While none of us are immune to negativity, we should find ways to understand why and how we get our ‘mental mess,’ move past radical self-acceptance, and strive towards ‘better.’
In the wise words of Kristina: “The art to learning to be happy is not to ignore or not notice the negative or be okay with the negative. It is actually to learn to work with it.”
How to Practice Self-Acceptance: 3 Tips By Kristina Mänd-Lakhiani
Not everyone’s a fan of mess, especially ones we refuse to acknowledge. But the idea of “you’re already okay” puts you in a box of complacency and gets you stuck in anxiety and depression.
Some circumstances are beyond your control. However, you can control your responses. So it’s time to rethink blind self-acceptance and truly be comfortable in your own skin.
Here are three tips by Kristina taken from an interview on Inspired Evolution:
1. Be honest with yourself
Honesty is the best policy, right? It may be so when we’re addressing other people. But why do we have such a hard time being honest with ourselves?
“We all believe that we are honest with ourselves, but that is not strictly true,” explains Kristina. She chalks it up to our brain’s natural tendency to lie to keep us safe and content. (In psychology, it’s referred to as cognitive errors.)
And in the same context, when it comes to self-acceptance, your brain lies to you in six ways:
- Over-generalization: When you face a challenge or negative outcome and are convinced that it’ll be repeated in the future.
- Emotional reasoning: When you interpret your feelings as the truth. For example: “I am feeling so stupid right now, which must mean I am stupid.”
- All-or-nothing thinking: When you see things as black and white like it’s either totally great or absolutely sh*tty.
- Mental filter: When you have selective recollection – you only recall negative experiences and ‘forget’ anything positive.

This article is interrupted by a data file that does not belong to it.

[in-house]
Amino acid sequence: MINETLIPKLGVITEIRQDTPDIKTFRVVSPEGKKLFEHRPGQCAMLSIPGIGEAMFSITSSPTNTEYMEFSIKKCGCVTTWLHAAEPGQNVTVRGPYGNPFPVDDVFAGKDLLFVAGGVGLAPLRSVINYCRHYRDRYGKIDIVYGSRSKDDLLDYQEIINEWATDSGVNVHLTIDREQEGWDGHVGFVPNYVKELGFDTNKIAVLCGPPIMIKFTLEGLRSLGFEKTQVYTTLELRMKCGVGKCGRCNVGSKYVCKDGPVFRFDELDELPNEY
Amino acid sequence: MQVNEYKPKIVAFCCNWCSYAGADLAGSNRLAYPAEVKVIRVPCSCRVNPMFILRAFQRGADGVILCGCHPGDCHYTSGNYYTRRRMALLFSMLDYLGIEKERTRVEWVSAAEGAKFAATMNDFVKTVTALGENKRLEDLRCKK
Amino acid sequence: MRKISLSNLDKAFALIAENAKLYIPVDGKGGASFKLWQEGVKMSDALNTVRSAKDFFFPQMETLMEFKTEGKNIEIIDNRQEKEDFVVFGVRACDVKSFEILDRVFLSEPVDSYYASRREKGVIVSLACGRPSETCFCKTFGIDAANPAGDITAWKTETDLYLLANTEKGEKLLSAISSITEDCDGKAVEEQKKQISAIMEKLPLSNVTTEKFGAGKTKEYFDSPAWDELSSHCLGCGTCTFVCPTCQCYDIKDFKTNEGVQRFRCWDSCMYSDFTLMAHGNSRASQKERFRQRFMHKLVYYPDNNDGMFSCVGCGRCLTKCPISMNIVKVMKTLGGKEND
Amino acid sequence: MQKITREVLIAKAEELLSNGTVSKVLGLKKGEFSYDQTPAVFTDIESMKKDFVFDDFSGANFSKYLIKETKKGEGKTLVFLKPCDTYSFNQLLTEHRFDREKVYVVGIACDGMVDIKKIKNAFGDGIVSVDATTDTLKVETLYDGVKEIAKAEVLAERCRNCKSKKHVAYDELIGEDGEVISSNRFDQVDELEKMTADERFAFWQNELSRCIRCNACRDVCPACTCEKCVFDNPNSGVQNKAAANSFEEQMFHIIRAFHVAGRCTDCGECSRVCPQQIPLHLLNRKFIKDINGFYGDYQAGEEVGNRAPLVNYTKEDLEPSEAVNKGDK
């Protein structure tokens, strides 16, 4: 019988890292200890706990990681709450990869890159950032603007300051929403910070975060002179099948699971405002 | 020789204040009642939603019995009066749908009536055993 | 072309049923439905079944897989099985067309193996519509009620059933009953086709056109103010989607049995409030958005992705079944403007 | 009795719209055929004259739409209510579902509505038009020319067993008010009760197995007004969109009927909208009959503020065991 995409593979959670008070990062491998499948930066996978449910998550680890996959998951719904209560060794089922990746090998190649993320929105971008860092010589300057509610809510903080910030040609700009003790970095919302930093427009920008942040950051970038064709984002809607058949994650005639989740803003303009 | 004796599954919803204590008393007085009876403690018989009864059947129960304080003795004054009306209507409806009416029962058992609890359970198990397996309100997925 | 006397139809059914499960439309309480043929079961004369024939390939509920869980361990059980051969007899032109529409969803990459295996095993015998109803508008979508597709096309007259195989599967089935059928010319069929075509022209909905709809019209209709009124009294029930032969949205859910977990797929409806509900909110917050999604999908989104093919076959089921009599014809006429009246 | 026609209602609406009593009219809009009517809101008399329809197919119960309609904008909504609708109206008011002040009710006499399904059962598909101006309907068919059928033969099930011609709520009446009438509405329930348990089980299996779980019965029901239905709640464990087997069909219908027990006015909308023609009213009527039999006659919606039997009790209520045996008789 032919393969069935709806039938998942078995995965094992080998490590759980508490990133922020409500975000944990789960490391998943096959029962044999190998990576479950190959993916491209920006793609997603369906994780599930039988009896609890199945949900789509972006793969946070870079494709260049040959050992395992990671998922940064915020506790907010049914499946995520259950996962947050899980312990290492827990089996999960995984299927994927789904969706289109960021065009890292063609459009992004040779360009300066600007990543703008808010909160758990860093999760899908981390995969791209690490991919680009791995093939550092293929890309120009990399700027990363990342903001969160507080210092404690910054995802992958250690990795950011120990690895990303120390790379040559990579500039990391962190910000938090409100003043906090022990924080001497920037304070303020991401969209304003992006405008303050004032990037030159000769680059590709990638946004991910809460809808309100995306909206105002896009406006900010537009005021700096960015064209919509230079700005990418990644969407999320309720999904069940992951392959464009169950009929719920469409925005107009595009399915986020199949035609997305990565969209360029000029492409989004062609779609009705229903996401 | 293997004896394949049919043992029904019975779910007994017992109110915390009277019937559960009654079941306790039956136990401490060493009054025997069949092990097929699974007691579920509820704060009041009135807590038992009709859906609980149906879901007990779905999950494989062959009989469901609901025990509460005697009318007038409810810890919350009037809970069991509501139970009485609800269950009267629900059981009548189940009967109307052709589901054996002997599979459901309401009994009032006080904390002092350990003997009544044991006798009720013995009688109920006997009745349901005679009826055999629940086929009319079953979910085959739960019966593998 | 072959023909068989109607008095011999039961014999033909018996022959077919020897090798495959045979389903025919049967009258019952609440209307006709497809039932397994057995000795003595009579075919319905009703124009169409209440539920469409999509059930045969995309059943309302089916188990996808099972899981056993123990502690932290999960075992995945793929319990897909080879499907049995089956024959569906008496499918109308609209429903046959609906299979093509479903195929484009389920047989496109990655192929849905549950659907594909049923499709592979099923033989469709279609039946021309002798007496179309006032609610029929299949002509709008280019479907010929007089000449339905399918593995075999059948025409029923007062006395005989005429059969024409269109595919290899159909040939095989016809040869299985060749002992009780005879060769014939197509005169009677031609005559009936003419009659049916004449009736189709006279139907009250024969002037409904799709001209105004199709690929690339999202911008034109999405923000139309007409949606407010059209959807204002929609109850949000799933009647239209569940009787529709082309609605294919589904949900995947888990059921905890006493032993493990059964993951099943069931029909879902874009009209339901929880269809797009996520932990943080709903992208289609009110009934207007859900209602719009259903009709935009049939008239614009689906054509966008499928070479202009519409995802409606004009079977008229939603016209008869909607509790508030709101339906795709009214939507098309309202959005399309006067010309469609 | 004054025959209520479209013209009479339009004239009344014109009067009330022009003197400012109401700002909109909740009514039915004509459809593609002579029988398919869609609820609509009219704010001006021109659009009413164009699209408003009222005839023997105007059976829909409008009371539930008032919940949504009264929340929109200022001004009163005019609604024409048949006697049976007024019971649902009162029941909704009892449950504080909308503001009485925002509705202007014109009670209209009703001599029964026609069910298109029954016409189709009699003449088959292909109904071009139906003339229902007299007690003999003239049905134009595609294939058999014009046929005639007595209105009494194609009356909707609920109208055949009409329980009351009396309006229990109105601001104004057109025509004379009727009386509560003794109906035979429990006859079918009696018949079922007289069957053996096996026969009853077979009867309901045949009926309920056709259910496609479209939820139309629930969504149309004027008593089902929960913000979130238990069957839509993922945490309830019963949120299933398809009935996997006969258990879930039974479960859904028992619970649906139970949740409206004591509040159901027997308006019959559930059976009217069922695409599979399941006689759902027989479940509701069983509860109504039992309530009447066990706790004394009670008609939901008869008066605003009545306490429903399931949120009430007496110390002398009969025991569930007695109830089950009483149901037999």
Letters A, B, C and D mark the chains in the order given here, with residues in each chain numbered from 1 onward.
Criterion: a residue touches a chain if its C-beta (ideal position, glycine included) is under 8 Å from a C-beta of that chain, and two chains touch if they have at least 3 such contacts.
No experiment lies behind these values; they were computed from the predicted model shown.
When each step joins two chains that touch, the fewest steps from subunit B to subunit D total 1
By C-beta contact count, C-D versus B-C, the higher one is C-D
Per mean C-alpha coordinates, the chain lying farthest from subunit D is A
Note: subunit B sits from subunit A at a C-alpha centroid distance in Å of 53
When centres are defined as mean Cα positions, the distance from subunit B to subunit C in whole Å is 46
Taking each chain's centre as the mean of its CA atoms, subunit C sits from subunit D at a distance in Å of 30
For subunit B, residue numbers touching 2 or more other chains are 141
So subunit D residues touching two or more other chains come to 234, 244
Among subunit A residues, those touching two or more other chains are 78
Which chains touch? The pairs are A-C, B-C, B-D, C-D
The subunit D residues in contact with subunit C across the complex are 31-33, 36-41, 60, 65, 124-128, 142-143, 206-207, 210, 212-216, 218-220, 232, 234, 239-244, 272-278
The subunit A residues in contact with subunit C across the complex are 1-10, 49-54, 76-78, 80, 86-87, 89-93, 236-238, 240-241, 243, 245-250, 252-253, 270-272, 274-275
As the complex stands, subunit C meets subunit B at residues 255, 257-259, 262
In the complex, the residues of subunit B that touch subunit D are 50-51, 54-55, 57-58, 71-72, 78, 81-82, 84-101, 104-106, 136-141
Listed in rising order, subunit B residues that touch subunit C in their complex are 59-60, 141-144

- ‘Should’ statements: When you dwell on things you ‘should’ do and judge yourself critically and unfairly for it.
- Mind reading: When you make quick assumptions about what someone is thinking about you and conclude that it must be something negative.
What you can do: Although your brain might be lying to you, shift your perspective about yourself. Realize that you may be mistaken about your true worth.
Kristina suggests asking yourself, “How can I adjust to this new world, to this new reality? How can I get the best out of it?”
It takes humility to be open to this idea, but there’s a huge sense of freedom that comes along with it.
2. Let go of the need to know all
“Sh*t doesn’t have to make sense” is one of Kristina’s favorite quotes. And with good reason.
She explains that control gives you the sense of knowing what’s going to happen and helps you cope momentarily with the fear of the unknown. But when it becomes excessive, it can wreak havoc on your ability to relax, have fun, or even be honest with yourself.
“Just because you might be mistaken doesn’t mean that ‘nothing makes sense’ or ‘I shouldn’t even try’,” says Kristina. Instead, it’s the motivation for you to keep learning, keep asking questions, and keep looking for answers.
What you can do: Life is unexpected and when you let go of the need to control, you trust that everything will turn out as it should. This is where positive affirmations come in handy.
It’ll help encourage and motivate you. And when your need to control becomes overbearing, the affirmations will help remind you that “sh*t doesn’t have to make sense.”
3. Practice awareness
Everything starts with awareness, according to Kristina. It’s a huge factor in the way you think, feel, and act, as well as react to your thoughts, feelings, and actions.
She explains that if you practice awareness on the regular, it becomes like a radar or a compass that “always keeps you alert to what’s going on in your life.”
You’re able to notice when you do the right things for yourself and even the wrong things. It is a much greater fuel for your personal growth than willpower, which apparently is a limited resource.
What you can do: There are a number of ways to raise your awareness. Here are three practices that are great to start off with:
- Be aware of your self-talk.
- Practice mindfulness with daily rituals, like meditation.
- Seek feedback from others.
The process will be a cathartic one, but it’ll enable you to use your awareness as a superpower.
Awaken Your Unstoppable
When it comes to knowing who we are, the kids of The Breakfast Club hit it on the nose: “Each of us is a brain…and an athlete…and a basket case…a princess…and a criminal.” Once you’re able to accept all aspects of yourself, you’ll realize that there is more greatness in you than you know.
If you need a helping hand to get there, Mindvalley’s got your back.
With the expert guidance of Kristina in her new book, Becoming Flawesome: The Key to Living an Imperfectly Authentic Life, you’ll find that self-acceptance is not hindering your evolution. Instead, it is the very reason that leads you to self-discovery, self-liberation, and the most important relationship you’ll ever have – the one with yourself.